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    Home / College Guide / The Flag, the Cross, and the Station Wagon
     Posted on Friday, July 01 @ 00:00:09 PDT

    The Flag, the Cross, and the Station Wagon: A Graying American Looks Back at His Suburban Boyhood and Wonders What the Hell Happened Bill McKibben (Henry Holt and Company, 2022) Bill McKibben moved to Lexington, Massachusetts in 1970, when he was ten. In their thirty-thousand-dollar house on Middle Street, their family of four represented the archetype of the American Dream. The town of Lexington also makes a pretty fair proxy for American suburbia, though its place in colonial and revolutionary history adds a dimension that McKibben uses to advantage in his story. Hes not primarily engaged in memoir, but what he does have to say explains a lot about his career as a journalist and activist. He was a teenage journalist, covering the 1978 gas crisis for the local suburban paper, before he ever got to the Harvard Crimson, and subsequently the New Yorker. Along with gas station owners, I also got to interview the number three man in the countrys energy department. John Deutch was an MIT professor, and in between Washington stints he lived in Lexington, so I talked with him the week before his boss, President Carter, was to give a nationwide address on energy conservation. Jimmy Carter had at least some grasp of how the country needed to reinvent itself in response to changing ecological conditions, but he lost the election to a sunny, confident huckster whose attitude toward such matters was nothing to see here.

    Jimmy Carter put solar panels on the roof of the White House, and Ronald Reagan took them down. Another job McKibben held in high school was being a tour guide on the Lexington Battle Green, purveying tales of long-ago glory for tips from tourists. The patriotism he felt on the Green has only grown, though its been complicated by more thought about who was left out of the stories. If the American origin story that youre telling over and over involves a small force of ill-trained men who, feeling oppressed, decide to take on the greatest empire in the world–well, that story leaves you believing that dissent can be patriotic, that American history is ultimately the story of the underdog, that a sense of shared community and a willingness to sacrifice for it defines who we are. McKibben got an early taste of such willingness on Memorial Day weekend of 1971, when Vietnam War protesters, led by a young John Kerry, came to town. A group following Paul Reveres ride in reverse broke Lexingtons curfew by camping out in the middle of town; the police rounded up 458 protesters, of whom more than a third were local townspeople, including McKibbens father. He got out in the morning, and they all went to church, but he did put himself on the line, as his son has done many times since, protesting the Keystone XL Pipeline and the like.

    That same year, as he learned while researching this book, Lexingtons citizens voted to overturn a rezoning proposal for a townhouse development that would have provided some housing for lower-income families. In the pulpits, and in the letters pages of the paper, Lexingtonians were all for diversity and inclusion; in the privacy of the voting booth, they were for protecting property values. And why not? They had great schools, a fine library, sports teams and station wagons, all the comforts of home. Partly because of the young Bill McKibben, in fact, they had an award-winning high school debate team, among all the other stepping stones to brand-name college educations. The repercussions of this kind of thinking, spread over the intervening decades, have only increased the gap between the haves and the have-nots. That three-bedroom house on Middle Street is worth well over a million dollars today; but if you never had the chance to buy in in the sixties, what good is that to you? A substantial part of the difference, of course, is a residue of racial red-lining from the middle of the century, and all the doors closed to Black veterans who should have been able to use GI benefits to improve their lot in life.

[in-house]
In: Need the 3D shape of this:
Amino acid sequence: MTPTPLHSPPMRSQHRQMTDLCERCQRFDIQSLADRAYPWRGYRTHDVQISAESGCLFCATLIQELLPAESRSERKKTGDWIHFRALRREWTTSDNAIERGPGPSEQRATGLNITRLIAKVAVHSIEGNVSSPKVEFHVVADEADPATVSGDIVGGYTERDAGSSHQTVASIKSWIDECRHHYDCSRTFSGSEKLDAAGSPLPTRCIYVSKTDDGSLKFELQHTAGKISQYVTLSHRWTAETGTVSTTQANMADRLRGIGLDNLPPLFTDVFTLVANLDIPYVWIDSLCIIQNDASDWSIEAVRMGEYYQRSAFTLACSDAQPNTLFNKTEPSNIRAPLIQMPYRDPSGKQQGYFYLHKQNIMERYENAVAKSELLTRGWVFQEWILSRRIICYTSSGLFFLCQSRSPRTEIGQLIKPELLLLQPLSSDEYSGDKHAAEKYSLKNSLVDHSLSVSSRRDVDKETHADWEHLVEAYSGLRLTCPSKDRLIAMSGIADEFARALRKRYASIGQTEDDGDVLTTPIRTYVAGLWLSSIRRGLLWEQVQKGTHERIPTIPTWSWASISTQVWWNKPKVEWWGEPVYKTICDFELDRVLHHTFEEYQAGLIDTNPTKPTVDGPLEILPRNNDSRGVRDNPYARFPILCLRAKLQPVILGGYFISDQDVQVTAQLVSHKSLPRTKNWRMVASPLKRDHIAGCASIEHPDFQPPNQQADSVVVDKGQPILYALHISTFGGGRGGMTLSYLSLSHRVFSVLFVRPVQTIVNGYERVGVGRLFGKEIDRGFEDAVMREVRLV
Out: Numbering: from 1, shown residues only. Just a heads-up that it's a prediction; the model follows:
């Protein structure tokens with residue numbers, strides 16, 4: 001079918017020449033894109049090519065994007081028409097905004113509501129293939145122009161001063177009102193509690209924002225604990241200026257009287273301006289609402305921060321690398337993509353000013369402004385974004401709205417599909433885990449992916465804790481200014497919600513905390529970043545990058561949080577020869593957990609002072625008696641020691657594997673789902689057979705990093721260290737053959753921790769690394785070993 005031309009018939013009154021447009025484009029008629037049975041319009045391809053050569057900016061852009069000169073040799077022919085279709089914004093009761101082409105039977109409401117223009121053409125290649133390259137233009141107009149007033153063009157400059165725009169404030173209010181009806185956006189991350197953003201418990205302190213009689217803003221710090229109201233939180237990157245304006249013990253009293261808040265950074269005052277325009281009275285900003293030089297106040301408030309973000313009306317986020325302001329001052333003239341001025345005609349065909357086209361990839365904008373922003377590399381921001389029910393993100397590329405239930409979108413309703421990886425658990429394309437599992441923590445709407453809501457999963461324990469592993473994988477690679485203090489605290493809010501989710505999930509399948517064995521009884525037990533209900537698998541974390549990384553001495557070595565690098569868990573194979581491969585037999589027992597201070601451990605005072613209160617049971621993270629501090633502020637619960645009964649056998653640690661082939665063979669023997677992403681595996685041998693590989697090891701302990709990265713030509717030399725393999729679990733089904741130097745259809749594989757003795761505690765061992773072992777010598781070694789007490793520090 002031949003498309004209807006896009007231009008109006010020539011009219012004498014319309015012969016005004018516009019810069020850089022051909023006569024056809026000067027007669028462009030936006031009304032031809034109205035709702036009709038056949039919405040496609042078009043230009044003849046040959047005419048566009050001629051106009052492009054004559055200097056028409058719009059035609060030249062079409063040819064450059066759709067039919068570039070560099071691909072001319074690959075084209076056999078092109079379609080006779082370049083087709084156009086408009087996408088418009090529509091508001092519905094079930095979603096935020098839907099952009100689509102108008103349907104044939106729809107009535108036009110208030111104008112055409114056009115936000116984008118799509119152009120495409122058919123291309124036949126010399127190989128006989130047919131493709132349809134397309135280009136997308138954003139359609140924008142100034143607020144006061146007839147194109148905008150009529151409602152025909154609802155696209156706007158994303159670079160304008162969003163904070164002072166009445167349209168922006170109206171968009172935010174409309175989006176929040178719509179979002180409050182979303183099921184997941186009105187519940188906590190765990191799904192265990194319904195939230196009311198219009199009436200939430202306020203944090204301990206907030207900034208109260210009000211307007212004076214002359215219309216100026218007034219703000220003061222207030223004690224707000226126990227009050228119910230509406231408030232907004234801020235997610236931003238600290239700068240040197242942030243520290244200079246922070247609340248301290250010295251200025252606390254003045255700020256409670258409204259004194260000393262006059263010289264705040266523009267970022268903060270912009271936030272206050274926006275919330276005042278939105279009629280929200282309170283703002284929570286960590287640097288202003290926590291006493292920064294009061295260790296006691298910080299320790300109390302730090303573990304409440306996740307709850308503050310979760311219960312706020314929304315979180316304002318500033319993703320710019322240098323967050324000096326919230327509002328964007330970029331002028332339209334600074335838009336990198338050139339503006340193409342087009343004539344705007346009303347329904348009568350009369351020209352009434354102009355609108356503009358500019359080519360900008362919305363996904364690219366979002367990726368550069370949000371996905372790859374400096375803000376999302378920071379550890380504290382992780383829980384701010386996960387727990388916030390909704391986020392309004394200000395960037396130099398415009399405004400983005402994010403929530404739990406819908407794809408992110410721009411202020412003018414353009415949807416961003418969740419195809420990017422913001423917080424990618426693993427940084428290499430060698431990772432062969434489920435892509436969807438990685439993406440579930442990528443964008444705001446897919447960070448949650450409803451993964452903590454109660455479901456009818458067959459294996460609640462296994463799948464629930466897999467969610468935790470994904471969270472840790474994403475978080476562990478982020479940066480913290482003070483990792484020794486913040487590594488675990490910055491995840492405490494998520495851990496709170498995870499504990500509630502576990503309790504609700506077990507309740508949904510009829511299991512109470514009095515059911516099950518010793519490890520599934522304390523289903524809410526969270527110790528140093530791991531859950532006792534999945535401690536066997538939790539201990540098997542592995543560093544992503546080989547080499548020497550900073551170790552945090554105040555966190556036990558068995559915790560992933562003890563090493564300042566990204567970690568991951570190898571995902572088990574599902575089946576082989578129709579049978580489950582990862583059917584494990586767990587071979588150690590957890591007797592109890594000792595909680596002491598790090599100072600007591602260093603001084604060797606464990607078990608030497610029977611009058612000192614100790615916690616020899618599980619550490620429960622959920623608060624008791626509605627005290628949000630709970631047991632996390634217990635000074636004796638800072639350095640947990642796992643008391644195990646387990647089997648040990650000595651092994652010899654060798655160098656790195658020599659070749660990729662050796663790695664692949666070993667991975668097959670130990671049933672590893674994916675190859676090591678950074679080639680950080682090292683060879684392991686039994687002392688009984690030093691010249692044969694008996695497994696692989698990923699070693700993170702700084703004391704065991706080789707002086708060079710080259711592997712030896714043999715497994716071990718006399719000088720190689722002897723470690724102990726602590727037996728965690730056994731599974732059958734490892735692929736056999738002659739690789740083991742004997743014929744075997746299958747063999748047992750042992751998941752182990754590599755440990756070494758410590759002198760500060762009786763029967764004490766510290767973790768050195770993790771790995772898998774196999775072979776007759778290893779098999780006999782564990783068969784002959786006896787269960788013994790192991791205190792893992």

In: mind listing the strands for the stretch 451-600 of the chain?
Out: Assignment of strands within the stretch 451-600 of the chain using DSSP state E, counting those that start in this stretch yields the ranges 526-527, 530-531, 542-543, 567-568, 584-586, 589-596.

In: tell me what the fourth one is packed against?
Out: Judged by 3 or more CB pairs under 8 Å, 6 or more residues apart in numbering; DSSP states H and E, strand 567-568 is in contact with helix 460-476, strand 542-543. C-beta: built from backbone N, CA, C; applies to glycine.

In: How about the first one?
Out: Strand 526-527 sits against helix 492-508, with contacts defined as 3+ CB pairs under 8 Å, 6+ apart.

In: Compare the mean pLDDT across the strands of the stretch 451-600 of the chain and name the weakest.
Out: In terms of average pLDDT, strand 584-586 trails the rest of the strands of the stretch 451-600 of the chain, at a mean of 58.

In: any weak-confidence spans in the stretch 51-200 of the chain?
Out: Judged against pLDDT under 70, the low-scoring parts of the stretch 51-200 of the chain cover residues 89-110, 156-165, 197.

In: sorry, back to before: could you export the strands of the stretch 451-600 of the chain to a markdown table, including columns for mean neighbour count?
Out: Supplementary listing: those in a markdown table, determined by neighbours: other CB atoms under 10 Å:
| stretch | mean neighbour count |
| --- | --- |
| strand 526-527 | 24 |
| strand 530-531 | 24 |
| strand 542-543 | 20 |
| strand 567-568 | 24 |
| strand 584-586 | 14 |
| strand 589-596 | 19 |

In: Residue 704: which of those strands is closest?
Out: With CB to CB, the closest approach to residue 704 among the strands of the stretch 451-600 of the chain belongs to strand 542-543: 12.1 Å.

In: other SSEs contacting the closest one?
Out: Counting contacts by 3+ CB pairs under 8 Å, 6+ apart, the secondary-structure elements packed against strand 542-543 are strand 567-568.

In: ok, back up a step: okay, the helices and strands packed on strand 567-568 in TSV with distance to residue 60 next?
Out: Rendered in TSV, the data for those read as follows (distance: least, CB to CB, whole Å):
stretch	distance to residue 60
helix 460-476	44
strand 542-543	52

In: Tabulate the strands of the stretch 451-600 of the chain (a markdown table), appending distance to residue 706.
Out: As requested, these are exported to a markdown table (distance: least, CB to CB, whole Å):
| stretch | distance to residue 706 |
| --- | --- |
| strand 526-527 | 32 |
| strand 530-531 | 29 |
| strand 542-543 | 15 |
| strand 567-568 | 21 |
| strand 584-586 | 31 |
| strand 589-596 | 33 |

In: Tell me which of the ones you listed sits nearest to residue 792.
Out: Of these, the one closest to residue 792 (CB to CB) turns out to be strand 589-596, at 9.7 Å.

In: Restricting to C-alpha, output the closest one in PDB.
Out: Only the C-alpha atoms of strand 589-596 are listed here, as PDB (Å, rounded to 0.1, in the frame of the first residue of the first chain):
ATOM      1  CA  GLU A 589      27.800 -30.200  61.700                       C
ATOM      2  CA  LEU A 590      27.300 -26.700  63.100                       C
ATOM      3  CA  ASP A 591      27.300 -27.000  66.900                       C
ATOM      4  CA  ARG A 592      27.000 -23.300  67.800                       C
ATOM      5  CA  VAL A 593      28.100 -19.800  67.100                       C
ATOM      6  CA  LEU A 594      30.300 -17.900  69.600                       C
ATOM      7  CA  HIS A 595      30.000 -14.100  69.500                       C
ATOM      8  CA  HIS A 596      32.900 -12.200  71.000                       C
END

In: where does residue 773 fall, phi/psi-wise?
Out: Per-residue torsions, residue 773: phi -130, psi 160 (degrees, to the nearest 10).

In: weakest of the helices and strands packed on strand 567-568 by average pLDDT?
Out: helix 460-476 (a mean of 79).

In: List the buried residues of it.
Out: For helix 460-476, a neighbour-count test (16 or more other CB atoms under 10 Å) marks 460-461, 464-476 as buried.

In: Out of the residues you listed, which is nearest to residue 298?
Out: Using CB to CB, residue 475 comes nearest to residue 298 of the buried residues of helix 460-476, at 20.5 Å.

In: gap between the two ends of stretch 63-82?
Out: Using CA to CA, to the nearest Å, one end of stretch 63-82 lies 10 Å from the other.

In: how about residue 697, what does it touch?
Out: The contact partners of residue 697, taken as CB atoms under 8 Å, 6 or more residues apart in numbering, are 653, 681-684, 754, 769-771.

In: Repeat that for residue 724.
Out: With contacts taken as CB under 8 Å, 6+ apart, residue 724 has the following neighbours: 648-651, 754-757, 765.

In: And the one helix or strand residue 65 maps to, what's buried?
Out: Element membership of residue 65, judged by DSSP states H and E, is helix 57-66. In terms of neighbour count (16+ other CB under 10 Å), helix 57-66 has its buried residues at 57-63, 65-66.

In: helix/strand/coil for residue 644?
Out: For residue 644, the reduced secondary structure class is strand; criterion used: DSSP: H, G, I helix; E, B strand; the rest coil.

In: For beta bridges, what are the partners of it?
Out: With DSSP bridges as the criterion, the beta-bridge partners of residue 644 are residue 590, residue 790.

McKibben imagines what a compensatory wealth transfer would look like. One big change in our adult lifetimes is the decline of main-line Protestant denominations and the rise of independent evangelical churches. McKibben has seen it for a long time: he wrote an article for the Crimson about Jim Bakker and his PTL Club, with a predictable degree of mockery; but he did find the people there both sincere and kind. Evangelicalism, he says, may just be part of a larger story of growing hyper-individualism in our time. The youth group trips he used to take, to paint houses and–literally–sing Kumbaya, pointed to a form of religion that was about more than saving individual souls. Perhaps it still could be. The last chapter is a call for people born under Truman and Eisenhower to give something real back. But older people also have something beyond their kids and grandkids to think about. We also have the chance to partially redeem some sense of our history as Americans, and, for those to whom it matters, as Christians. Any Good Books, July 2022

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